Suspect in Edmonton attack ordered to leave U.S.

EDMONTON — Authorities in the United States say a Somali refugee accused of attacking a police officer and running down four pedestrians in Edmonton was ordered removed from the country in 2011 by an immigration judge.

Abdulahi Hasan Sharif made his first court appearance Tuesday on 11 charges, including five of attempted murder, that were laid after a driver hit an Edmonton police officer with a speeding car, stabbed him and then mowed down pedestrians with a cube van during a downtown police chase.

Tactical officers forced the van on its side and arrested a suspect after using a stun grenade and a Taser.

His case was put over until Nov. 14 to give him time to find a lawyer, but it could be called back sooner if Sharif can hire legal counsel before then.

Meanwhile, U.S. Immigration and Customs Enforcement said Tuesday that Sharif was transferred into its custody at the Otay Mesa Detention Center in San Diego on July 15, 2011, by U.S. Customs and Border Protection.

It says Sharif was ordered removed to Somalia on Sept. 22, 2011, and he waived his right to appeal the decision.

About two months later, he was released on an order of supervision by the department in San Diego “due to a lack of likelihood of his removal in the reasonably foreseeable future.”

He failed to report on his scheduled date of Jan. 24, 2012, and efforts to find him were not successful, the department said in a statement.

Sharif’s name is spelled Abdullahi Hassan Sharif in the United States.

An official with Immigration and Customs Enforcement who spoke on the condition of anonymity told The Canadian Press they have no reason to believe it is not the same man.

Both a U.S. and Canadian government official told The Associated Press it is the same man.

The U.S. official said slightly different spellings are not uncommon. She also agreed to discuss the matter only if not quoted by name, because she was not authorized to discuss certain details of the case.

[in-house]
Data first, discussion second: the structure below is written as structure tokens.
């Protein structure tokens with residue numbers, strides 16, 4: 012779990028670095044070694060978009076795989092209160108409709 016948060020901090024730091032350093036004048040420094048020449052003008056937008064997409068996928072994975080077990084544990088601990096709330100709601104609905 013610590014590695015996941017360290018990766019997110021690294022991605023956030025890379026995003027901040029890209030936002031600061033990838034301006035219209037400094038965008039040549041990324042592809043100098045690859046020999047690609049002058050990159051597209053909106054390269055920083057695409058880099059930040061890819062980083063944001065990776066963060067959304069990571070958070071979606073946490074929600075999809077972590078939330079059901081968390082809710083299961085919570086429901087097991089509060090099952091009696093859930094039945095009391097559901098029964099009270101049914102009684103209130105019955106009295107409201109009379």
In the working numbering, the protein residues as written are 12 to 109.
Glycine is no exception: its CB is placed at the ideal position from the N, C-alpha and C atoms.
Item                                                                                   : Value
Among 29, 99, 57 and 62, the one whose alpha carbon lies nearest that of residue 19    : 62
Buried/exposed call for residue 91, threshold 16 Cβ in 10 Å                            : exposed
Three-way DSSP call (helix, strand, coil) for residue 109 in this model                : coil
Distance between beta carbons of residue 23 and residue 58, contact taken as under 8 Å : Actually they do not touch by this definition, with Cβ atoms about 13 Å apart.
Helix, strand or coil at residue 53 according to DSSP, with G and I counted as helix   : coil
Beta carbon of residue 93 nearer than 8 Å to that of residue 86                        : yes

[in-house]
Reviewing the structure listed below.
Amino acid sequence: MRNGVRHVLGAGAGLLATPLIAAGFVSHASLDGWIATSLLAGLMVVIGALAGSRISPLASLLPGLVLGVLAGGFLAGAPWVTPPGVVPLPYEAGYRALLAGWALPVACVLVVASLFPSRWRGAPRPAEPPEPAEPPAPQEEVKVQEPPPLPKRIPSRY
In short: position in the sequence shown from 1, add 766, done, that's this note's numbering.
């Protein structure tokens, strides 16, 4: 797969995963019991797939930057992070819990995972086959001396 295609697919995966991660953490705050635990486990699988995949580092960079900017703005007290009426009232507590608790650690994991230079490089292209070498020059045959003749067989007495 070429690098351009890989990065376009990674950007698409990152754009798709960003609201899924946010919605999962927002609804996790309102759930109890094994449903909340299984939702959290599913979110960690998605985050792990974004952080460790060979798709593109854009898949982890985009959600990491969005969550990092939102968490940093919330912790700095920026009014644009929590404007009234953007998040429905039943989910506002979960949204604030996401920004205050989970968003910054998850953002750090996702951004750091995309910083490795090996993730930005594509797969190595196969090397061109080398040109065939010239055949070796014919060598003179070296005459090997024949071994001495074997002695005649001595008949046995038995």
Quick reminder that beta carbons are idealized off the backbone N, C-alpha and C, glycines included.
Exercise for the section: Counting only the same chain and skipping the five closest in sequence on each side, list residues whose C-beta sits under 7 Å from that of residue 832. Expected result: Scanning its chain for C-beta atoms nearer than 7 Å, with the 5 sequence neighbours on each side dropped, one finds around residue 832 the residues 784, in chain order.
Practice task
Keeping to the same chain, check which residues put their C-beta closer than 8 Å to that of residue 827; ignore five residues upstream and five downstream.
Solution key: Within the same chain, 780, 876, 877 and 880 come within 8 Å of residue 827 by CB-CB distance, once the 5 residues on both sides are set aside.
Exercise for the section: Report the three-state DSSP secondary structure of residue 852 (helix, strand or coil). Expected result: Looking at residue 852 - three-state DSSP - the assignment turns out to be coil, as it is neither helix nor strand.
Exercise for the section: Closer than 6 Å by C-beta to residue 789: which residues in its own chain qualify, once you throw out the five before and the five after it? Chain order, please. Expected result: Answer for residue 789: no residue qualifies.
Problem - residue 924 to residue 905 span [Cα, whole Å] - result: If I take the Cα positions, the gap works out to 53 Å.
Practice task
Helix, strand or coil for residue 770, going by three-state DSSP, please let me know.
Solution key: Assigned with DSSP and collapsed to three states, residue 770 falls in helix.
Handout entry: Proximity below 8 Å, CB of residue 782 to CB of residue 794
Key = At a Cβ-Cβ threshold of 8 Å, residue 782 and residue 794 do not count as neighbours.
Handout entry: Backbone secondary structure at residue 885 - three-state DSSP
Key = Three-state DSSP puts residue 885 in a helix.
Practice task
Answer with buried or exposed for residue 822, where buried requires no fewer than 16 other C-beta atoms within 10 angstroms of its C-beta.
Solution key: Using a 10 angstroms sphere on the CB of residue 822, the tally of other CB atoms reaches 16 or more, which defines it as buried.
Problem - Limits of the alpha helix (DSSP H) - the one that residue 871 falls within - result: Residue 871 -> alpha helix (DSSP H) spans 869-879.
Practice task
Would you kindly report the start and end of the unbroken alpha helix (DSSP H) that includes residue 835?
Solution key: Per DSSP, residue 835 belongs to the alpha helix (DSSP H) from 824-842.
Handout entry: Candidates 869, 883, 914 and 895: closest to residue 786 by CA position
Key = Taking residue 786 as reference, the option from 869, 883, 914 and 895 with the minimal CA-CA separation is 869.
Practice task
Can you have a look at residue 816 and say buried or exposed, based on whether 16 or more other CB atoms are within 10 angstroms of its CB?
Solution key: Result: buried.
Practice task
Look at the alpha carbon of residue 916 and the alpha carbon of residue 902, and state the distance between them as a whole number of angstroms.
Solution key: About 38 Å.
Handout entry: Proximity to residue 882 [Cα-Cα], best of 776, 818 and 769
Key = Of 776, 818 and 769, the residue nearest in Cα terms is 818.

A spokesman for Public Safety Minister Ralph Goodale said Sharif entered Canada from the United States through a regular port of entry in 2012 and was granted refugee status later that year.

“As minister Goodale has stated, there was no information that would have raised any red flags when he entered Canada. Due to privacy laws we cannot disclose further details of this case,” Scott Bardsley said in an emailed statement.

“According to U.S. authorities, he was not detained for criminal activity.”

Bardsley said generally, individuals who are inadmissible, including for serious crimes, would be ineligible to make an asylum claim in Canada.

“Being detained for immigration purposes in another country would not prevent someone from being able to make an asylum claim in Canada,” he said.

Sharif, 30, appeared on closed-circuit TV in a courtroom in Edmonton and followed the proceedings with the help of an interpreter. The accused spoke briefly with a lawyer who stepped forward to help.

Edmonton police have raised the possibility of terrorism charges against Sharif because there was an Islamic State flag in his car and he was investigated two years ago for espousing extremist views.

The RCMP has said the investigation is complex and no terrorism charges have been laid.

Mahamad Accord, a member of Edmonton’s Somali community, said he will do what he can to help Sharif apply for legal aid if he can’t afford to hire his own lawyer.

“As you know Canadians — everyone has the right to a fair trial,” Accord said outside court.

He said there has been lots of hearsay about Sharif, but no first-hand information.

Ahmed Ali, a man who described himself as a spokesman for the city’s Somali community, said Sharif will get help with an interpreter, but wouldn’t comment about helping him get a lawyer.

Sharif also faces charges of dangerous driving, criminal flight causing bodily harm and possession of a weapon for a dangerous purpose.

Police have said they believe the suspect acted alone and without conspirators.

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